In Apis mellifera honeybees, queen pheromone treatment reduced the expression of both DNA methyltransferase genes to less than half of control levels, but in the ants Lasius niger and L. flavus, both genes showed 16–30% higher expression in pheromone-treated workers (figure 1; electronic supplementary material, table S2). These treatment effects were significant (all p < 0.017) and were very consistent across colonies (electronic supplementary material, figure S1 and table S2). Pheromone treatment had no significant effect on the expression of either gene in the bumblebee B. terrestris (electronic supplementary material, table S2). Additionally, dnmt3 showed higher expression than dnmt1 in the two bee species, while in the two ant species, dnmt1 was expressed more than dnmt3 (figure 1).
We found that queen pheromone treatment lowered DNA methyltransferase expression in A. mellifera honeybees, elevated expression in Lasius niger and L. flavus ants, and had no effect on expression in B. terrestris bumblebees. We also replicated recent findings  that dnmt1 shows higher expression than dnmt3 in ants, though interestingly we found the opposite pattern in bees.
Experimental manipulation of dnmt3 expression has been shown to strongly influence genome-wide rates of DNA methylation in honeybees , suggesting that the gene expression changes that we observed probably affected the methylome. Thus, our results suggest that the presence or absence of queen pheromone produces differences in DNA methylation. In the two ant species, the effect of queen pheromone agreed with our predictions based on previous data implying that infertile workers show hypermethylation relative to fertile workers or queens [7,12,13]. That is, our data suggest that a queen pheromone causing worker sterility stimulates transcription of the genes that control DNA methylation. In honeybees, the effect of queen pheromone was opposite to our prediction: workers deprived of queen pheromone likely have more methylation. These results beg follow-up work, for example the use of bisulfite sequencing to identify specific loci whose methylation status is affected by queen pheromone.
In bumblebees, there was no detectable effect of queen pheromone on DNA methylation. Bombus terrestris was the only species in which we did not use a split colony design, so it is conceivable that between-colony variance in gene expression overshadowed the effect of treatment. We also used different durations of pheromone treatment for each species, matching the durations over which pheromones have been demonstrated to have an effect in previous work (see the electronic supplementary material), and it is possible that pheromone-mediated effects on dnmt expression vary temporally or between tissues. Additionally, we note that bumblebees have comparatively primitive sociality relative to honeybees or Lasius ants, with annual colonies and comparatively fertile workers. It is thus tempting to suggest that more ‘socially advanced’ species may have more pheromone-dependent DNA methylation, though a formal test of this prediction would require similar data on multiple species from across the social insects.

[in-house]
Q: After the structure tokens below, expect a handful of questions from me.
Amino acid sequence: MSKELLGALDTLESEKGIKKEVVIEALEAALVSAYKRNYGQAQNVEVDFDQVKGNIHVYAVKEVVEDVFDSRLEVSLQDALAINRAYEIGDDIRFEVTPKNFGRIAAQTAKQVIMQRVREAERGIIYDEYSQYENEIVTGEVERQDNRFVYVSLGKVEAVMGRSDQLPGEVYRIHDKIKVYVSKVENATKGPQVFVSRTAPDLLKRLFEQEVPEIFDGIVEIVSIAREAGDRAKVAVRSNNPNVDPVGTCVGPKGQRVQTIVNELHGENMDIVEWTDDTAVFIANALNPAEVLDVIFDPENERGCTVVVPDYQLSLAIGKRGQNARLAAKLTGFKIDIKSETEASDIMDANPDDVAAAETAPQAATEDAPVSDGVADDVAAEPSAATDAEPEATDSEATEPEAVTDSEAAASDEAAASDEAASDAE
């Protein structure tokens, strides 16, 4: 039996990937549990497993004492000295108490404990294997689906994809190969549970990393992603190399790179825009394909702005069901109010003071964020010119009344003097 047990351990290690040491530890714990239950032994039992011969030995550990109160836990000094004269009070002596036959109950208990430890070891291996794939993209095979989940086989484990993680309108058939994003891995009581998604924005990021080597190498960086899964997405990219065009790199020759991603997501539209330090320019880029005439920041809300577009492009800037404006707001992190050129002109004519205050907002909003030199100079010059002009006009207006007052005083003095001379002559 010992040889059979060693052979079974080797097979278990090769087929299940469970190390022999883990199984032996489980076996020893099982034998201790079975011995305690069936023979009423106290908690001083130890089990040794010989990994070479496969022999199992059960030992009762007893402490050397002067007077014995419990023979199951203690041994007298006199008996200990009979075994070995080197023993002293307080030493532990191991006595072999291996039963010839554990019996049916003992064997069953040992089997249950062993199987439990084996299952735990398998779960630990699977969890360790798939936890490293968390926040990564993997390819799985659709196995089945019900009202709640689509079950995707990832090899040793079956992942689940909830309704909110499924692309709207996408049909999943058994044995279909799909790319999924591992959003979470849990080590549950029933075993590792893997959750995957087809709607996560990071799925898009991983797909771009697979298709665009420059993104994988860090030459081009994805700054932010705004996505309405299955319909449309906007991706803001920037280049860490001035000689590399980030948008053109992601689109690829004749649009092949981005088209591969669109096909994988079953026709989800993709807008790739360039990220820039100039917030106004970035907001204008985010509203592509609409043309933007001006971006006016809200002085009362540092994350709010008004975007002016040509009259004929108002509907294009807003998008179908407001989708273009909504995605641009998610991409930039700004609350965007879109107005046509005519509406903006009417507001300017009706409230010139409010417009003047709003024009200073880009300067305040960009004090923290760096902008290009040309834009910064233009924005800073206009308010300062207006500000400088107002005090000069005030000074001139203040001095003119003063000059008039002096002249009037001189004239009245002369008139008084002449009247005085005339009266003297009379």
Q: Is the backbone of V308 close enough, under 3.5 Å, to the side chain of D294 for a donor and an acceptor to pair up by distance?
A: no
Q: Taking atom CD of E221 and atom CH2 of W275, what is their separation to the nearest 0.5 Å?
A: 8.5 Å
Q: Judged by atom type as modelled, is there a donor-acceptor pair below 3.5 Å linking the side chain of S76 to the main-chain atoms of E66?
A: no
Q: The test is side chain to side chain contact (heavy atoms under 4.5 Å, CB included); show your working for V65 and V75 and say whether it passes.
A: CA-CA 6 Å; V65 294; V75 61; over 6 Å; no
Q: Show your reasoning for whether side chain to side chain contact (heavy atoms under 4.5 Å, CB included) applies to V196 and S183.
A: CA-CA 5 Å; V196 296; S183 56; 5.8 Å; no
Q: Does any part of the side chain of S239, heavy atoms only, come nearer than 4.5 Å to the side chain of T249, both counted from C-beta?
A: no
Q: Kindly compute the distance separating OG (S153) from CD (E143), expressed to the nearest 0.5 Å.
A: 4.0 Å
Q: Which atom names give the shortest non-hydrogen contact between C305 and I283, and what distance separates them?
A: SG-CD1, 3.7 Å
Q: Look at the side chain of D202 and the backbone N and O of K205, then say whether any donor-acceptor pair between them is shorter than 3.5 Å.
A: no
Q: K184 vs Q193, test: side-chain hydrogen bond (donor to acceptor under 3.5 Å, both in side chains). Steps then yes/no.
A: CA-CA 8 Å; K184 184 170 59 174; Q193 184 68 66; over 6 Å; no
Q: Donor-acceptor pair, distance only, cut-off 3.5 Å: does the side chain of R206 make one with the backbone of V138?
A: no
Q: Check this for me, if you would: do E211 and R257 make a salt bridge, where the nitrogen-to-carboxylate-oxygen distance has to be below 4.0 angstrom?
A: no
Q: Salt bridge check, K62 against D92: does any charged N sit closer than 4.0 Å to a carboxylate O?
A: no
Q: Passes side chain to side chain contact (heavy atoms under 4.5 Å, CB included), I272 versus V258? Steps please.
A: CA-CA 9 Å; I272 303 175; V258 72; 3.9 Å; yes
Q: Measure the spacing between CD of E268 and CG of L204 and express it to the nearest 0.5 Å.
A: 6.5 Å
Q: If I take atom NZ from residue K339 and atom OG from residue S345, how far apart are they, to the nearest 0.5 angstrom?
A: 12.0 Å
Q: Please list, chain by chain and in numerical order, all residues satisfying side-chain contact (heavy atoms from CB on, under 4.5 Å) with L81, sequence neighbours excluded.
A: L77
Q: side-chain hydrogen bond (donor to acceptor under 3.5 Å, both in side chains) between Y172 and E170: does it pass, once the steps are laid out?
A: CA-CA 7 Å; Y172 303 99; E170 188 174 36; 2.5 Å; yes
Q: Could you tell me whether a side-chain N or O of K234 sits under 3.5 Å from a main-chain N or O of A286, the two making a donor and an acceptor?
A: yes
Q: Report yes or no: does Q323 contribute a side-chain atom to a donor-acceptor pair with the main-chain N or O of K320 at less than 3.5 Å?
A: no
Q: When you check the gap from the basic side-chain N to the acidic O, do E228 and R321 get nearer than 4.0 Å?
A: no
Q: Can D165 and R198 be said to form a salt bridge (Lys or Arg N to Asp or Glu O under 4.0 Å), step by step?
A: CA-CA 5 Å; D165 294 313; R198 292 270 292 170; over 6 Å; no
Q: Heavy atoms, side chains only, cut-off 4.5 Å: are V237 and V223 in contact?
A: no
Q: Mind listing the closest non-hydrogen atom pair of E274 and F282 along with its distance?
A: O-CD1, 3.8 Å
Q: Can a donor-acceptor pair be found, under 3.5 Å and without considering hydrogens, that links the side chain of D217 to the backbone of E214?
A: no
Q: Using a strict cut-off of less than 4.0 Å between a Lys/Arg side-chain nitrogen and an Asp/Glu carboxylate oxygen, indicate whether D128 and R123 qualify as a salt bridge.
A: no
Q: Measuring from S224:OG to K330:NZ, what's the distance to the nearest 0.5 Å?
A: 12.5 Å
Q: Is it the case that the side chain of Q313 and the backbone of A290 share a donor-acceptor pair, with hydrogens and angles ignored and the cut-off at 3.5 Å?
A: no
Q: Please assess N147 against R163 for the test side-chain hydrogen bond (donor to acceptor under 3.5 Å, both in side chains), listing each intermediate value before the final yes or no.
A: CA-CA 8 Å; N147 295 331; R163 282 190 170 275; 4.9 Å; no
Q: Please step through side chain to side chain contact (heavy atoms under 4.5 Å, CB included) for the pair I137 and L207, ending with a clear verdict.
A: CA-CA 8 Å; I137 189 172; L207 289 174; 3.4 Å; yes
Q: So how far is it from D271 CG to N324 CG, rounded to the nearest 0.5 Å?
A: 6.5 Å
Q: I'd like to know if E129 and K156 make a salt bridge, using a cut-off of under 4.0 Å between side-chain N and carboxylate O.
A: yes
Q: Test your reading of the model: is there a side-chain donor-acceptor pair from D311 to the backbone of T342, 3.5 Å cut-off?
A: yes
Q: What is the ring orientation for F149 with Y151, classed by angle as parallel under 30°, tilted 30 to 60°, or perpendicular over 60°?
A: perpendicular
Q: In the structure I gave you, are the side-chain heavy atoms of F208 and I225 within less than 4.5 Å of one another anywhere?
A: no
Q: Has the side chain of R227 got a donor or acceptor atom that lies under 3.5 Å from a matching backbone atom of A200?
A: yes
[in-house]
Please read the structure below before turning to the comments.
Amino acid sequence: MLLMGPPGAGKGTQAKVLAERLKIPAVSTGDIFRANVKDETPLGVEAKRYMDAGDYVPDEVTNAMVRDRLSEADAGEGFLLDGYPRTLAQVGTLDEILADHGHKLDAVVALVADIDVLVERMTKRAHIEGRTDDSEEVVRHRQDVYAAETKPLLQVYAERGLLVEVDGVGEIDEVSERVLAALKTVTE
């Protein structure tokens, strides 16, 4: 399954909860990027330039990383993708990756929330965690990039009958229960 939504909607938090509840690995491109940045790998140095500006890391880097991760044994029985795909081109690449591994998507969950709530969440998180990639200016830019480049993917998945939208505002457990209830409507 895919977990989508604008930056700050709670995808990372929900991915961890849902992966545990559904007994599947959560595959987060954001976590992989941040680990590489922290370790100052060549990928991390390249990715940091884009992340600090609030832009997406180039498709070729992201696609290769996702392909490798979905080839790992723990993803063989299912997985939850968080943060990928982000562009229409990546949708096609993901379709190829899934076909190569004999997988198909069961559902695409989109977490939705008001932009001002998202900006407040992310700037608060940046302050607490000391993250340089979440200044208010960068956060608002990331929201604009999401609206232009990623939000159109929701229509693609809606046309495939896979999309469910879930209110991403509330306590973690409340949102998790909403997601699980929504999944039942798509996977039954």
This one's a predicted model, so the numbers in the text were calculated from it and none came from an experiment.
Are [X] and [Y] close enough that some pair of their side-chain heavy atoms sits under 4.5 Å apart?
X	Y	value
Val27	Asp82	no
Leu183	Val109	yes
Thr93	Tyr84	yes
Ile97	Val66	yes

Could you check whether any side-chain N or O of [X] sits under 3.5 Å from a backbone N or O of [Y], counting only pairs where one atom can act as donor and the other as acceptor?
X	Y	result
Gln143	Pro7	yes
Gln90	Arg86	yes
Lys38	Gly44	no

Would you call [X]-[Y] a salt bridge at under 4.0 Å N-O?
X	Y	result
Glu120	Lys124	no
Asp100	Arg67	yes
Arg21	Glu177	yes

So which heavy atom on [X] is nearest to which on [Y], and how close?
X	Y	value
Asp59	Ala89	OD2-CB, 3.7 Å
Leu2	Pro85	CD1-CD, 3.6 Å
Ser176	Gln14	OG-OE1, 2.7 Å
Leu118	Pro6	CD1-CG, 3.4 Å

Herb et al.  found some evidence that worker honeybees that changed task specialization, from nurse to forager and back again, undergo changes in DNA methylation. Their study provides the only other evidence (to our knowledge) that DNA methylation is plastic and sensitive to external cues in adult insects. In aphids, differences in DNA methylation have been hypothesized to underlie the polyphenism of winged and wingless forms, which are induced depending on the level of crowding. Walsh et al.  therefore compared the activity of DNA methyltransferases between aphids raised in crowded and uncrowded conditions. They found no effect of crowding on DNA methyltransferase expression, though the experiment's sample size seems inadequate to draw a firm conclusion (n = 6). We suggest that DNA methylation may mediate many other inducible polyphenisms, and we encourage research into DNA methylation dynamics in adult insects.
Our data provide evidence that adult A. mellifera, L. niger and L. flavus workers change their DNA methylation profile in response to queen pheromones. Queen pheromones are thought to honestly signal the presence and quality of reproductive(s) in the colony. These pheromones are thus central to many inclusive fitness ‘decisions' facing workers, e.g. relating to worker reproduction, worker policing and the rearing of replacement queens . Pheromone-dependent methylation may thus be an important proximate mechanism linking the social environment to adaptive phenotypic plasticity.
The data are archived at Data Dryad: http://dx.doi.org/10.5061/dryad.b952b.
All authors performed experiments and co-wrote the paper, approved the final version for publication and agree to be held accountable for its content.
We have no competing interests.
This work received funding from the Academy of Finland to the Centre of Excellence in Biological Interactions, and to H.H. (135970, 127390), and additional funding from the Kone Foundation to H.H. L.H. was supported by an Australian Research Council DECRA (DE140101481).
We are very grateful to Tapio Envall, Sini Vuorensyrjä, Heini Ali-Kovero and Minna Tuominen for laboratory assistance, and to Mark and Kirsten Holman for beekeeping. Brian Hanley and Jocelyn Millar kindly provided synthetic 3-MeC31.
- Received December 10, 2015.
- Accepted January 4, 2016.
- © 2016 The Author(s)
Published by the Royal Society. All rights reserved.